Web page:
Dear Matt: I’m starting a new job search. I have a bachelor’s degree in business management and an associate degree in accounting. I’ve only focused on applying for accounting roles since college and am now wondering if I am limiting myself. Do you advise people to look for jobs outside their field of study? Why or why not?

Matt says: A college degree helps you move forward in your career, but it certainly does not define or limit your career options. What you think you want to do when you are in school at ages 18-23 may be completely different from what you want to do — or end up doing — once you turn 25, 30, 35, 40 and so on. The key is to find a career that brings you personal and professional satisfaction, no matter what your educational background or experience.

My advice is to do both: Search for jobs within and outside your field. Why limit yourself or your options? But before you do that, ask yourself how you truly want to spend your workday, says Risë Kasmirski with Minneapolis-based Meaningful Connections ( a career strategy, personal branding and online strategy consulting firm.

“If you love accounting, you’ll likely want to head to the financial department of a company to work with like-minded peers,” says Kasmirski. “On the other hand, your business degree opens doors to many other positions within organizations.”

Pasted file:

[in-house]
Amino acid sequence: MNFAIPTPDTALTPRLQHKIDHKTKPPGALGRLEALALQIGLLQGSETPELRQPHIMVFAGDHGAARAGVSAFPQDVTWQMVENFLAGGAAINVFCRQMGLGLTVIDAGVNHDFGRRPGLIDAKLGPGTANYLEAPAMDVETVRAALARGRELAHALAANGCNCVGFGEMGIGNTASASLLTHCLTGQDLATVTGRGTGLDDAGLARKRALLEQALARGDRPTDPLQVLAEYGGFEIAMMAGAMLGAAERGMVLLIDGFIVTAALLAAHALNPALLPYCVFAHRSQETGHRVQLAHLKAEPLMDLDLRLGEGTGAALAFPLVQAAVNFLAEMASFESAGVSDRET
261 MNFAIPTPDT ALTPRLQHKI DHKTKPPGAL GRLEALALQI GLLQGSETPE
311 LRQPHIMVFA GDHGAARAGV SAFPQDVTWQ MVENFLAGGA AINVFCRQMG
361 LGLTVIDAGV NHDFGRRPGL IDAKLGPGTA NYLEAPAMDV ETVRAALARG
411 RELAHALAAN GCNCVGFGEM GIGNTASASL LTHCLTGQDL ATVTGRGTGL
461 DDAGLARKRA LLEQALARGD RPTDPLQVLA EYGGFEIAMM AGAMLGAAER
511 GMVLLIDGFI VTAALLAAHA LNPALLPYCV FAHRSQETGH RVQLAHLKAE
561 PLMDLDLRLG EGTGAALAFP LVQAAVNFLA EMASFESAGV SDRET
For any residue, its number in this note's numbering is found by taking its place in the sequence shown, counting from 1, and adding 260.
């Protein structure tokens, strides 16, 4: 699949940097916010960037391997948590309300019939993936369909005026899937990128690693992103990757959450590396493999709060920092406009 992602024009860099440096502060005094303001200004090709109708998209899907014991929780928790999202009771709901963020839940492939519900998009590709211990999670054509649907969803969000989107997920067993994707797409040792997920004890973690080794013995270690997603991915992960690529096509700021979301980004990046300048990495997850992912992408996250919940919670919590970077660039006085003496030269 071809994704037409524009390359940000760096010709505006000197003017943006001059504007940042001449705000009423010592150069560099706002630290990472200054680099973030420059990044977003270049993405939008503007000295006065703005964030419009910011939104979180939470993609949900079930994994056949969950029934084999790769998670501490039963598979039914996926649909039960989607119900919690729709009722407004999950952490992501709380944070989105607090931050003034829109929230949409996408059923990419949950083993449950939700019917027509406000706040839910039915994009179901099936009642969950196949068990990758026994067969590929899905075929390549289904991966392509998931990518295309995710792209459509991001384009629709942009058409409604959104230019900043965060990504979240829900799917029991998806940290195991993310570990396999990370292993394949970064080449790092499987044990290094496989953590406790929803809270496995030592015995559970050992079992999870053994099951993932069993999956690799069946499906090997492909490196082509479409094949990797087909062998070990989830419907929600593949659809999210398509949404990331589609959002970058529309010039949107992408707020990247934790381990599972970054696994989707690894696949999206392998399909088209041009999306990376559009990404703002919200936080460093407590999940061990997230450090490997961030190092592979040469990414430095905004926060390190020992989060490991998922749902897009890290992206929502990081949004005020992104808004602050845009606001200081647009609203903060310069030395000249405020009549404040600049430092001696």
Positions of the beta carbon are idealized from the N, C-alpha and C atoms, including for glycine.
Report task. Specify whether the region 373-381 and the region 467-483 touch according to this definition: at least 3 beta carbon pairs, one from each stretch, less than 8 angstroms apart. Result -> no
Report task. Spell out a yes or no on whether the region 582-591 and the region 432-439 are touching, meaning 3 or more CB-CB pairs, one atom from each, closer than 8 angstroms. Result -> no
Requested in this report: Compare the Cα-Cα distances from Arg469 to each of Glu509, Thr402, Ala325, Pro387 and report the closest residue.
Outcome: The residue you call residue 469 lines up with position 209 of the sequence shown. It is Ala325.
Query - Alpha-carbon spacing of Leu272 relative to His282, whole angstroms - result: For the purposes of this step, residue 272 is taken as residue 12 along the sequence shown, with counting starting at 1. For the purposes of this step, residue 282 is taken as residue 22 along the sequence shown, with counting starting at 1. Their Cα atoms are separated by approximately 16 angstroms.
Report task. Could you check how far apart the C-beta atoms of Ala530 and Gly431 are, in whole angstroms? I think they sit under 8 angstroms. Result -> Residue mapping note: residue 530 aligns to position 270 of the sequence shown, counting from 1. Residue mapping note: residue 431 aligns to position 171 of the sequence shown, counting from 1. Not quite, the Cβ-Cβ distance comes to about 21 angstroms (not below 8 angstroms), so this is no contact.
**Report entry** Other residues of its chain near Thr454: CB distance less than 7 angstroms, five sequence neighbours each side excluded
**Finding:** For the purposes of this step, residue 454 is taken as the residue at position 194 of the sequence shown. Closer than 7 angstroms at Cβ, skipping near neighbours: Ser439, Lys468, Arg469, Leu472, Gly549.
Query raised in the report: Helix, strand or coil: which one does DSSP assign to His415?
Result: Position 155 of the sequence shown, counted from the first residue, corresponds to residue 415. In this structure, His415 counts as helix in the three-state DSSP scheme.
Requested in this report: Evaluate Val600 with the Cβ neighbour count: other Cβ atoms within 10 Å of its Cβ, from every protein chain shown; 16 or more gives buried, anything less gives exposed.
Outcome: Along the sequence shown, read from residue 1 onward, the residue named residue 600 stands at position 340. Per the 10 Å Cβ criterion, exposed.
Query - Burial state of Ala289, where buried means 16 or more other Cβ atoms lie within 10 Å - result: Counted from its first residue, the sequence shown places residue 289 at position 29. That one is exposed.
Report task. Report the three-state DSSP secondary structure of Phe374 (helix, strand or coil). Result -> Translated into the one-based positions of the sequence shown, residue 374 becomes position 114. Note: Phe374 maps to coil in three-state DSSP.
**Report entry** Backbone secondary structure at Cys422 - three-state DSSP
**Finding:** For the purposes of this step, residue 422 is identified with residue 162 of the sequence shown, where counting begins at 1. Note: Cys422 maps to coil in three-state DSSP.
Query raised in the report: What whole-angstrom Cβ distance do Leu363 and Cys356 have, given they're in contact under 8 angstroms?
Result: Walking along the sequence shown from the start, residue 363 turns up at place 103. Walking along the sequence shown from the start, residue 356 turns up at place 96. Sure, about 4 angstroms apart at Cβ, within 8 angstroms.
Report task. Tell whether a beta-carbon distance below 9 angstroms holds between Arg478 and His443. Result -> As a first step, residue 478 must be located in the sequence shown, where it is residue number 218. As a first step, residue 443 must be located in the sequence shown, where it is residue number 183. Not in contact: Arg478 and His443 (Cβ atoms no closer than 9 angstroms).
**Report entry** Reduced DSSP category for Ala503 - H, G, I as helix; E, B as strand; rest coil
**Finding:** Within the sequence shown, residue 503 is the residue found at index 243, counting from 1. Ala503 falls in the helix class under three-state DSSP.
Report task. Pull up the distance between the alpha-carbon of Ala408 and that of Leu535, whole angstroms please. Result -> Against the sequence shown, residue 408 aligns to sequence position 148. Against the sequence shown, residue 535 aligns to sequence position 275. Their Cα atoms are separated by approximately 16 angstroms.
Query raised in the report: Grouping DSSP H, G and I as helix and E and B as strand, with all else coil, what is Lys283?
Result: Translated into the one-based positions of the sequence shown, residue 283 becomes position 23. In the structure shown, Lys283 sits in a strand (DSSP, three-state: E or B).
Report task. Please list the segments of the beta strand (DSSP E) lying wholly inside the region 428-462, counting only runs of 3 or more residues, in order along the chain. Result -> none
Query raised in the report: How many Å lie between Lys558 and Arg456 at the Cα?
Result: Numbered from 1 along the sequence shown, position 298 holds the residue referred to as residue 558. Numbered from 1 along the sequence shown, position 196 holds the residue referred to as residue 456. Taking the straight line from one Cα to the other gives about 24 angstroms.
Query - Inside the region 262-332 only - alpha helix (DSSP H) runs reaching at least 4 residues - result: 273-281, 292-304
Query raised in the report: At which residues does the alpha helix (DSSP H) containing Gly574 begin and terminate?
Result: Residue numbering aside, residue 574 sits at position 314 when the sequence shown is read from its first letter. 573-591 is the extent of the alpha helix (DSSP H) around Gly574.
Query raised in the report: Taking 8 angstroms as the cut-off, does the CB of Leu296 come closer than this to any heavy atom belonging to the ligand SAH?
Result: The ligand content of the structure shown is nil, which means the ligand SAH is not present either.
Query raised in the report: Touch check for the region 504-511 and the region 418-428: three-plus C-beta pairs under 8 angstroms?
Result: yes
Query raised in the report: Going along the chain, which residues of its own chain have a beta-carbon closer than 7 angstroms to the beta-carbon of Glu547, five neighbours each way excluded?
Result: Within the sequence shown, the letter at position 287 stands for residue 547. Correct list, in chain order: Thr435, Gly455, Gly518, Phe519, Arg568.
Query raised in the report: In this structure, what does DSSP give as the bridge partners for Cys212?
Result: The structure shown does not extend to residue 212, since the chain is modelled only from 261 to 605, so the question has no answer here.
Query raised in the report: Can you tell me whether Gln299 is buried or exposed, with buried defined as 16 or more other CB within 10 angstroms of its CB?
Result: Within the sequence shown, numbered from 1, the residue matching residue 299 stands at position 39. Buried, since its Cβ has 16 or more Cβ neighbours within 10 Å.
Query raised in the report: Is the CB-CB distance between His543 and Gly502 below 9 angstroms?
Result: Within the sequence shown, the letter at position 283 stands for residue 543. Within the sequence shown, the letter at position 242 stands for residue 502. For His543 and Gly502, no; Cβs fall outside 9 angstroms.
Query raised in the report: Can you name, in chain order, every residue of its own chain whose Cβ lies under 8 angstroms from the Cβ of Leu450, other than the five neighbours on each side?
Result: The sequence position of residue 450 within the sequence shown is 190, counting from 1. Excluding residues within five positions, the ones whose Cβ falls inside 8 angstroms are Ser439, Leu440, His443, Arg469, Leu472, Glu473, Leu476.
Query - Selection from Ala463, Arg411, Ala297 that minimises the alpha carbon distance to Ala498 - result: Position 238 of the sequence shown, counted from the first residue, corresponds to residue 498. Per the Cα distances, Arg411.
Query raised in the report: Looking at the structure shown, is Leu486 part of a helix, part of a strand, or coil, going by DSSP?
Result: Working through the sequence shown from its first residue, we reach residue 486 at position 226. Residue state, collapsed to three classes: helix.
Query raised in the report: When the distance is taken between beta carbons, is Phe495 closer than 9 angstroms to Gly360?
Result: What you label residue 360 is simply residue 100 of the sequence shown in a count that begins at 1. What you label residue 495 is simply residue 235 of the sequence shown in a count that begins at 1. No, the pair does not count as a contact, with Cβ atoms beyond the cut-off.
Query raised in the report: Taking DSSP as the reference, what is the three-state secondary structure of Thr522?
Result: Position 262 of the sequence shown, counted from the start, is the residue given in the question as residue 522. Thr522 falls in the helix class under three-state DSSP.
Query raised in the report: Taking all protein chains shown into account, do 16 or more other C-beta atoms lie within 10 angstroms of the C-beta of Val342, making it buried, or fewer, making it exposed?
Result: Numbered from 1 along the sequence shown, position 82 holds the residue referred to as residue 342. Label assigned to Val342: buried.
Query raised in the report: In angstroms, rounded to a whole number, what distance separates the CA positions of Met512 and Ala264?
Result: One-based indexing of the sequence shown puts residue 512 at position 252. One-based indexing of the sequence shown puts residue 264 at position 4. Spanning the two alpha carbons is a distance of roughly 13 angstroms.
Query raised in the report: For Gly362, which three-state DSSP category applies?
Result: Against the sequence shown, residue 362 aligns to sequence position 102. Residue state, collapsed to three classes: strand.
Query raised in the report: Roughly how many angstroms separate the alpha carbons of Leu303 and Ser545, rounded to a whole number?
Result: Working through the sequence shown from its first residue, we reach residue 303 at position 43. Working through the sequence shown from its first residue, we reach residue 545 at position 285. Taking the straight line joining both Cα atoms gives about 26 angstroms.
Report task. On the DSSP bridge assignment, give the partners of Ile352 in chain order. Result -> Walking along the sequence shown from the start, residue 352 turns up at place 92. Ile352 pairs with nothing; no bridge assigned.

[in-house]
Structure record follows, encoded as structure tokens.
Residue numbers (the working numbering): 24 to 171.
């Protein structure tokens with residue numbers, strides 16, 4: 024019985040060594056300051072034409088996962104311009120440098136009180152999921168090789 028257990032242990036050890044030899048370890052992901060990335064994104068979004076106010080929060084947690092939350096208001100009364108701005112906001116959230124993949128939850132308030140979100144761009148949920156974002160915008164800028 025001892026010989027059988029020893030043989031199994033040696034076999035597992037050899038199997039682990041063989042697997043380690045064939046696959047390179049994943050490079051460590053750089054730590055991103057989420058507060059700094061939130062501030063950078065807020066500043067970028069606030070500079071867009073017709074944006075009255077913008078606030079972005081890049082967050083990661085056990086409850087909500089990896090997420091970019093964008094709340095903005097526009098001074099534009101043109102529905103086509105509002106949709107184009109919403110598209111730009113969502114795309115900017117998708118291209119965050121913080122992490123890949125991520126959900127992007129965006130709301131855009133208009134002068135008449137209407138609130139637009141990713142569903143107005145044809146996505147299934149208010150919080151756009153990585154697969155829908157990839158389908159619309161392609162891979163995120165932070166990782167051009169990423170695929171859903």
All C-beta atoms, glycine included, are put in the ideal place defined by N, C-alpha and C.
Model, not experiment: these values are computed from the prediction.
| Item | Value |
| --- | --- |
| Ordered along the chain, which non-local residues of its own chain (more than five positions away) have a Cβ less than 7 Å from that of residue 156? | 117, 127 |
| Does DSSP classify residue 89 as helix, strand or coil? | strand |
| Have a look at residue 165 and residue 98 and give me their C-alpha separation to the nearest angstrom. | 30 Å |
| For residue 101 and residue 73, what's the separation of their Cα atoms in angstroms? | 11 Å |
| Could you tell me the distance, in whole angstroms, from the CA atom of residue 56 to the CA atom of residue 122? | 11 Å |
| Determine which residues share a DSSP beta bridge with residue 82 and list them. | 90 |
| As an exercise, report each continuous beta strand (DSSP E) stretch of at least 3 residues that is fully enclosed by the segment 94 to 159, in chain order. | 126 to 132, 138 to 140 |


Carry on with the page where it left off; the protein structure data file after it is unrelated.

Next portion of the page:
Would you like more client interaction? Then looking for opportunities in sales, marketing or customer service might be a fit, says Kasmirski. Would you like a management role? Then look at organizations that interest you to find out about long-term management possibilities. Did you develop an entrepreneurial spirit? Maybe it’s time to start your own business or consider working for a start-up.

“You’ll spend a lot of time at work,” says Kasmirski, “so it’s a great idea to pursue jobs in industries and environments that excite you.”

Start by focusing on industries, services or companies that fit what’s important to you. Do you want to work for a small business, large corporation or a nonprofit? Do you want to spend your day in an office, telecommuting or traveling? What’s more important, focusing on work-life balance or pursuing a job title or leadership role and doing whatever it takes to achieve that?

Once you understand your focus, join related LinkedIn groups and follow companies of interest to connect with industry professionals and recruiters. Connect with them via e-mail, phone or in-person to learn about how they got to where they are now and what skills are needed to succeed. Attend networking events in industries to learn more and make valuable connections. Update your résumé and hit the job search prepared and confident that your next career move will be the right step for what you want.

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